Preservation of Marriage In China Through A Cultural Lens
In China, the marriage industry is a massive 60-billion-dollar juggernaut (Abkowitz) with strong
traditional ties. People in China are expected to get married in their early twenties, with unmarried women in their late twenties being deemed "sheng nu" literally meaning leftover women, and unmarried men in their twenties being called "sheng nan" literally leftover men. Marriage is an institution in all cultures and is the ultimate symbol of love and commitment; however, China takes it to a whole new level, with unmarried people being compared to "yellowed pearls"(Fincher). However, as the world enters into a new era of globalization and career-oriented attitudes, is it logical for China as a culture to hold these notions about marriage? Is there a solution to keep this critical element of Chinese society in a world that is more interconnected and constantly moving faster?
While at the surface, this issue may seem irrelevant to many compared to seemingly "larger"
problems in China, if the way China sees marriage and those who miss "the mark" of marriage does not change, it could mean the end of marriage in China. In 2014 the divorce rate surpassed the marriage rate in China for the first time in its history (Suliman). This is not an isolated incident, as the divorce rate still continues to climb as the marriage rate sinks lower. The possible solution is that Chinese society needs to remove the pressure on early twenty-year-olds to get married. If society were to lessen the pressure on a marriage, then this action would decrease the emotional turmoil for these conflicted youths. This would allow them to establish their lives before they enter marriage unions. A lessening in societal pressure for marriage would also allow for deeper and more meaningful relationships eliminating the need for divorce.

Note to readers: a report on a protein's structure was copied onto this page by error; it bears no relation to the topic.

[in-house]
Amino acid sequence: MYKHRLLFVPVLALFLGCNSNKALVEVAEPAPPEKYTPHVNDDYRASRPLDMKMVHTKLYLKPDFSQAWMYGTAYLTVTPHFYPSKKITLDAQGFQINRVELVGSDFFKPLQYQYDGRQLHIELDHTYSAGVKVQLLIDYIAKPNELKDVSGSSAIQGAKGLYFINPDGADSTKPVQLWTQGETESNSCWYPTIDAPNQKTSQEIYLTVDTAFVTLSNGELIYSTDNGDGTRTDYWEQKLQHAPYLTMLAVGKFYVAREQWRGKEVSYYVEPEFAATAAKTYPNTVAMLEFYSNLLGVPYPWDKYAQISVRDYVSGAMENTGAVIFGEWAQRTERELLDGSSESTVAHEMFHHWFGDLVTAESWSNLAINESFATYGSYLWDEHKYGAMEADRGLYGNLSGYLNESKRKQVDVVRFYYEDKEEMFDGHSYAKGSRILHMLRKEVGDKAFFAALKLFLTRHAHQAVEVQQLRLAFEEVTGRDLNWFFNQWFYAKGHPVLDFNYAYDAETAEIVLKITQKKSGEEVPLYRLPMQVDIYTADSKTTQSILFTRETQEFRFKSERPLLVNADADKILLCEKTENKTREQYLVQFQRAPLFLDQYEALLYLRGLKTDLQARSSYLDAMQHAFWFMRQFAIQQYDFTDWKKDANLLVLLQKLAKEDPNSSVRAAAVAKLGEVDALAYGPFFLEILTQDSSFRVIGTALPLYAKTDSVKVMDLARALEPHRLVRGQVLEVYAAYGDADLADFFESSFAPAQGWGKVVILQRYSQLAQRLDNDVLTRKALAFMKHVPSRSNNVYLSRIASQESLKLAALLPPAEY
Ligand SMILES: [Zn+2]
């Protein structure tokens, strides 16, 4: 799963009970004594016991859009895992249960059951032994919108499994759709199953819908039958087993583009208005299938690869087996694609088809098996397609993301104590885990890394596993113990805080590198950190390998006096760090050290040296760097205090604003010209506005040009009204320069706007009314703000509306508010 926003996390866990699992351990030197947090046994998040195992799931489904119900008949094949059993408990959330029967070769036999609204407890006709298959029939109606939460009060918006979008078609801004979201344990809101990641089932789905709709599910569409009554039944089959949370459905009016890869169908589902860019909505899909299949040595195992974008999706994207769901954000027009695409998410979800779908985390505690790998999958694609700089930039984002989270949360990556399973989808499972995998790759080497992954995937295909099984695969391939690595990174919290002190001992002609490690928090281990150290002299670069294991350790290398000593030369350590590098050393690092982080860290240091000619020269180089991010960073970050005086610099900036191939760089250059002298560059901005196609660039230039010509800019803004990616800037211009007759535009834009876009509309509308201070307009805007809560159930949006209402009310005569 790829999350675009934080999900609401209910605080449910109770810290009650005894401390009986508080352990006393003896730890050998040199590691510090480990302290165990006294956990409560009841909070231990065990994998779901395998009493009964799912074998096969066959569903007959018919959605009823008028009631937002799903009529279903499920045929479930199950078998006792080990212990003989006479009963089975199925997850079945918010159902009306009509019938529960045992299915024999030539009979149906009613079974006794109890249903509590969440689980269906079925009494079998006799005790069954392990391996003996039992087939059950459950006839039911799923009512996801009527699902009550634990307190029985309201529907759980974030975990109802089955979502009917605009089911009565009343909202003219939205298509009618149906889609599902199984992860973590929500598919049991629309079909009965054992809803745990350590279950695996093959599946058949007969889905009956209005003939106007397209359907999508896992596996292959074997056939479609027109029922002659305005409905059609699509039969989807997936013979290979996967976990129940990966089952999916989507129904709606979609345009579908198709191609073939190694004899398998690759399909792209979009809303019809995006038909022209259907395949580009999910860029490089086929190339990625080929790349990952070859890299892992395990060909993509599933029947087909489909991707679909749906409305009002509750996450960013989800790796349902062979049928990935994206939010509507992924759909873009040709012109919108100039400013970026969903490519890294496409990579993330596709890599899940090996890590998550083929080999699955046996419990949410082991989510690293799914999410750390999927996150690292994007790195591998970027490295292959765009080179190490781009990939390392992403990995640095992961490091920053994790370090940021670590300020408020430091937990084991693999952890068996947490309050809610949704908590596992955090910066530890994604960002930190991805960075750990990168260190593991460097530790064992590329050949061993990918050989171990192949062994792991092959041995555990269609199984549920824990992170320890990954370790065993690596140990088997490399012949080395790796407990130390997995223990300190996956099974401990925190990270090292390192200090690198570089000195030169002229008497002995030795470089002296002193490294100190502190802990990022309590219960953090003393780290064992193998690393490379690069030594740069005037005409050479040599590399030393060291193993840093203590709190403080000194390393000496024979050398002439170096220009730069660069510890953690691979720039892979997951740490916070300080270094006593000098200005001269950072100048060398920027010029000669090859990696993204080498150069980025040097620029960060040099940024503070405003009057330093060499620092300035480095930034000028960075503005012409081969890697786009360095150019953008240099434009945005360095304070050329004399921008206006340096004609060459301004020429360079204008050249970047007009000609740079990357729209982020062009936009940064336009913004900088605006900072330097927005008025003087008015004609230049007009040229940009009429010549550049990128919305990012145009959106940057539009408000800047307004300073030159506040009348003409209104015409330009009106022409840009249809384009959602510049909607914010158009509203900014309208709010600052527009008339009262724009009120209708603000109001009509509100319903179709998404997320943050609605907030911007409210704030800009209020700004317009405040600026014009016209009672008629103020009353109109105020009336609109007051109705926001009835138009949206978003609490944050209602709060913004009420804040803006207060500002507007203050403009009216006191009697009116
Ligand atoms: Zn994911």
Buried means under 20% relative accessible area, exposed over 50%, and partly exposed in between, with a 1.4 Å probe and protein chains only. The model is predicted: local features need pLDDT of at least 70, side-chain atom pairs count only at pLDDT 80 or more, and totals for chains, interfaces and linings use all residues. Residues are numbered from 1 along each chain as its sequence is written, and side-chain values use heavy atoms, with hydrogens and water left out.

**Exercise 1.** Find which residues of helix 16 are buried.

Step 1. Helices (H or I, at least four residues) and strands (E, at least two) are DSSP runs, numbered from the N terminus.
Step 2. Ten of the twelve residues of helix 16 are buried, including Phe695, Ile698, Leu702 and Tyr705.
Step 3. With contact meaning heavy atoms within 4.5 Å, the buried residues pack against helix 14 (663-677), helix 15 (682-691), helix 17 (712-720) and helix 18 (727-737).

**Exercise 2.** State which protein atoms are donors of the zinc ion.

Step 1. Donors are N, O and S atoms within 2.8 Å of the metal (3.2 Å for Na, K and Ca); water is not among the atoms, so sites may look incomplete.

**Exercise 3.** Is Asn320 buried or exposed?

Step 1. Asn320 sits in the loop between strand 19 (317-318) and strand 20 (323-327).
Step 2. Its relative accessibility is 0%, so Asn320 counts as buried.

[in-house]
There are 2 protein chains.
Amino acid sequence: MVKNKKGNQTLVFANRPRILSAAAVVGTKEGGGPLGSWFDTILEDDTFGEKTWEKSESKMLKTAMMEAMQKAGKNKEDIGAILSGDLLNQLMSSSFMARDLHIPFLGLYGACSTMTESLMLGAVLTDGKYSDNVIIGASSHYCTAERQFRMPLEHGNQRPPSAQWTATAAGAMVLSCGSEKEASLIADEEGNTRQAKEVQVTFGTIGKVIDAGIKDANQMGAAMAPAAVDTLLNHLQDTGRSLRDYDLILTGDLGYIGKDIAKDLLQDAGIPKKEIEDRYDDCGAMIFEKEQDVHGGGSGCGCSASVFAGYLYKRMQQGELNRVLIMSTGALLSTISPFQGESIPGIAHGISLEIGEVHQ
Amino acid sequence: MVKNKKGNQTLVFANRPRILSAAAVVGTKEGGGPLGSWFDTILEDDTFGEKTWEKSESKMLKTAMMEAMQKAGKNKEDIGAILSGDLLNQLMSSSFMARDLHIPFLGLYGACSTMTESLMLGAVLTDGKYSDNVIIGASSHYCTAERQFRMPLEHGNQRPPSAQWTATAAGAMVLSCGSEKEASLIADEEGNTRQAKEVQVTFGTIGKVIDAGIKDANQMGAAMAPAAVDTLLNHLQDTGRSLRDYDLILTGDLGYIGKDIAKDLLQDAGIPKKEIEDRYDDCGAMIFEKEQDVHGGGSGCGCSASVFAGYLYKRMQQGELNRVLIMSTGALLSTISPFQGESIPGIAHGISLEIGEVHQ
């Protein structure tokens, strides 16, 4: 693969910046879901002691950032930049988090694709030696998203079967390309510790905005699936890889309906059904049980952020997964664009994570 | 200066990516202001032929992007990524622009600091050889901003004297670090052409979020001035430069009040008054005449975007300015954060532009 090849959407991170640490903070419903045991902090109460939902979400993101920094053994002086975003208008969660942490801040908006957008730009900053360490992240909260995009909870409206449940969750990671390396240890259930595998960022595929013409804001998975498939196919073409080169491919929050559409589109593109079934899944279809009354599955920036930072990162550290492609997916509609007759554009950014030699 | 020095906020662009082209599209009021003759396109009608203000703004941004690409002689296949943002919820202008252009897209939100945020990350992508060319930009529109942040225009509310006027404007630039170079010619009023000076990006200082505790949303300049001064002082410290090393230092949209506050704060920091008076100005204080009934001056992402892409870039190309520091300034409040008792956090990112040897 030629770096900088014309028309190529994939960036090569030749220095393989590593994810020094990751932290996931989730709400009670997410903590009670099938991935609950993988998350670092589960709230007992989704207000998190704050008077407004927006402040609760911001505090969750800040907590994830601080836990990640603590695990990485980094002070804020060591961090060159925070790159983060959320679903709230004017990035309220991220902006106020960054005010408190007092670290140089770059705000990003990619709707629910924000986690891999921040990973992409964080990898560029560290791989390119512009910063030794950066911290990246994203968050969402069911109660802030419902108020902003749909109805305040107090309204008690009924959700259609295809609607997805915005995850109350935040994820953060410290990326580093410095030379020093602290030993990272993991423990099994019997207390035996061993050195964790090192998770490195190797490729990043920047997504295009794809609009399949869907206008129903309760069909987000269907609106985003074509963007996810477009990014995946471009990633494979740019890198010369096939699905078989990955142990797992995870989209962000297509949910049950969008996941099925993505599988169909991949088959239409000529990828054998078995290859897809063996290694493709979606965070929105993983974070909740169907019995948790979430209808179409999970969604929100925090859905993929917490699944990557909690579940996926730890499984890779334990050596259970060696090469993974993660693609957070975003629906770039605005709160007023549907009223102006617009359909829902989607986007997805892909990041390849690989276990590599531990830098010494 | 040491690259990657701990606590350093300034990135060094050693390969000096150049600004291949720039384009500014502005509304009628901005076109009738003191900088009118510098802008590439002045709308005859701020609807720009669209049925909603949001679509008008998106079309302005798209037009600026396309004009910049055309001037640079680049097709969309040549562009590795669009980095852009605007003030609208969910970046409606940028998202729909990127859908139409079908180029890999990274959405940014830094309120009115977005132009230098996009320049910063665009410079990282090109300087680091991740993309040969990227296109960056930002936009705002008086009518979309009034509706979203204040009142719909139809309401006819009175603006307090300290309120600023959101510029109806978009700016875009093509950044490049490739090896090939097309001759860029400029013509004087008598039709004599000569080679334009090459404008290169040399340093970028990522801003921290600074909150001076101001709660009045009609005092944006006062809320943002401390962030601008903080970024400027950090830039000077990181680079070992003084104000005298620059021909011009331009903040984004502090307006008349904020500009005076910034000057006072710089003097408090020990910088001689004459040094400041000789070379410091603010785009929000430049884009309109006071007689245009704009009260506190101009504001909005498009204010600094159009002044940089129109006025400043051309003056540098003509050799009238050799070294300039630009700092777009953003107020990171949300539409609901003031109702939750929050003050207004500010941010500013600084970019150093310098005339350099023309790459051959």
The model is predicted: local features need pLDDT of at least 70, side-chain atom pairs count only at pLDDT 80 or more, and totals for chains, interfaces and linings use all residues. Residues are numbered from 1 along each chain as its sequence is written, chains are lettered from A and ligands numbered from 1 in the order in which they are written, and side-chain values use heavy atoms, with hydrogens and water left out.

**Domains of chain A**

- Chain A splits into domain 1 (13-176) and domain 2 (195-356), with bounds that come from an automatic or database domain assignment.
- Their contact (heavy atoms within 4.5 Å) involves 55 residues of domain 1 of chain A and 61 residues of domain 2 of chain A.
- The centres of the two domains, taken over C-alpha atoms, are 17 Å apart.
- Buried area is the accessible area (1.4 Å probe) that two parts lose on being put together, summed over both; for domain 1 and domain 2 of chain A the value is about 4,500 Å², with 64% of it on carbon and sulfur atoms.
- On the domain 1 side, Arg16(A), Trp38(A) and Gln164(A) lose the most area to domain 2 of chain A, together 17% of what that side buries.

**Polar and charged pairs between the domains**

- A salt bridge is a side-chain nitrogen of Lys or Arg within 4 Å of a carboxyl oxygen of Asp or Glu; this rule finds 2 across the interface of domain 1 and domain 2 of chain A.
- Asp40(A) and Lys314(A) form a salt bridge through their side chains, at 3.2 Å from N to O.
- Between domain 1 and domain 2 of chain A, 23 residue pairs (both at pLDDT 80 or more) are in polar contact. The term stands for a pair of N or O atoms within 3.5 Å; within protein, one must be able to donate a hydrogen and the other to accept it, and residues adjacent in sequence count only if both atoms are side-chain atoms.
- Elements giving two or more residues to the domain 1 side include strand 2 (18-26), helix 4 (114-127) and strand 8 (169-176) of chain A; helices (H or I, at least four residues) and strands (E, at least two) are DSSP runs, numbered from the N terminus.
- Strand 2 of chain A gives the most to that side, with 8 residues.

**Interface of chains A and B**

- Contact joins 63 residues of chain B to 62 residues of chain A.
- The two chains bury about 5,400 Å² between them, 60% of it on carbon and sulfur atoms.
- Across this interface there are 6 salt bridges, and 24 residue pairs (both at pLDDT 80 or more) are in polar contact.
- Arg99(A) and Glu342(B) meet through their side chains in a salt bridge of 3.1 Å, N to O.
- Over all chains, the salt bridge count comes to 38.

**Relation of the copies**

Before entering marriage, people would be more self-aware, already with a successful business career
behind them, allowing them to properly balance a successful career and a meaningful marriage. Easing on old societal values would also help solve the slowly slipping population (Hanrahan), as more marriages generally mean more children.
Even though this solution seems perfect and easy, it is still a massively daunting task to achieve.
Asking for the entirety of Chinese society to suddenly change is most likely implausible. However,
attitudes are shifting, even with Adela Suliman of Vice saying, "China's "Leftover Women" is a thing of the Past"...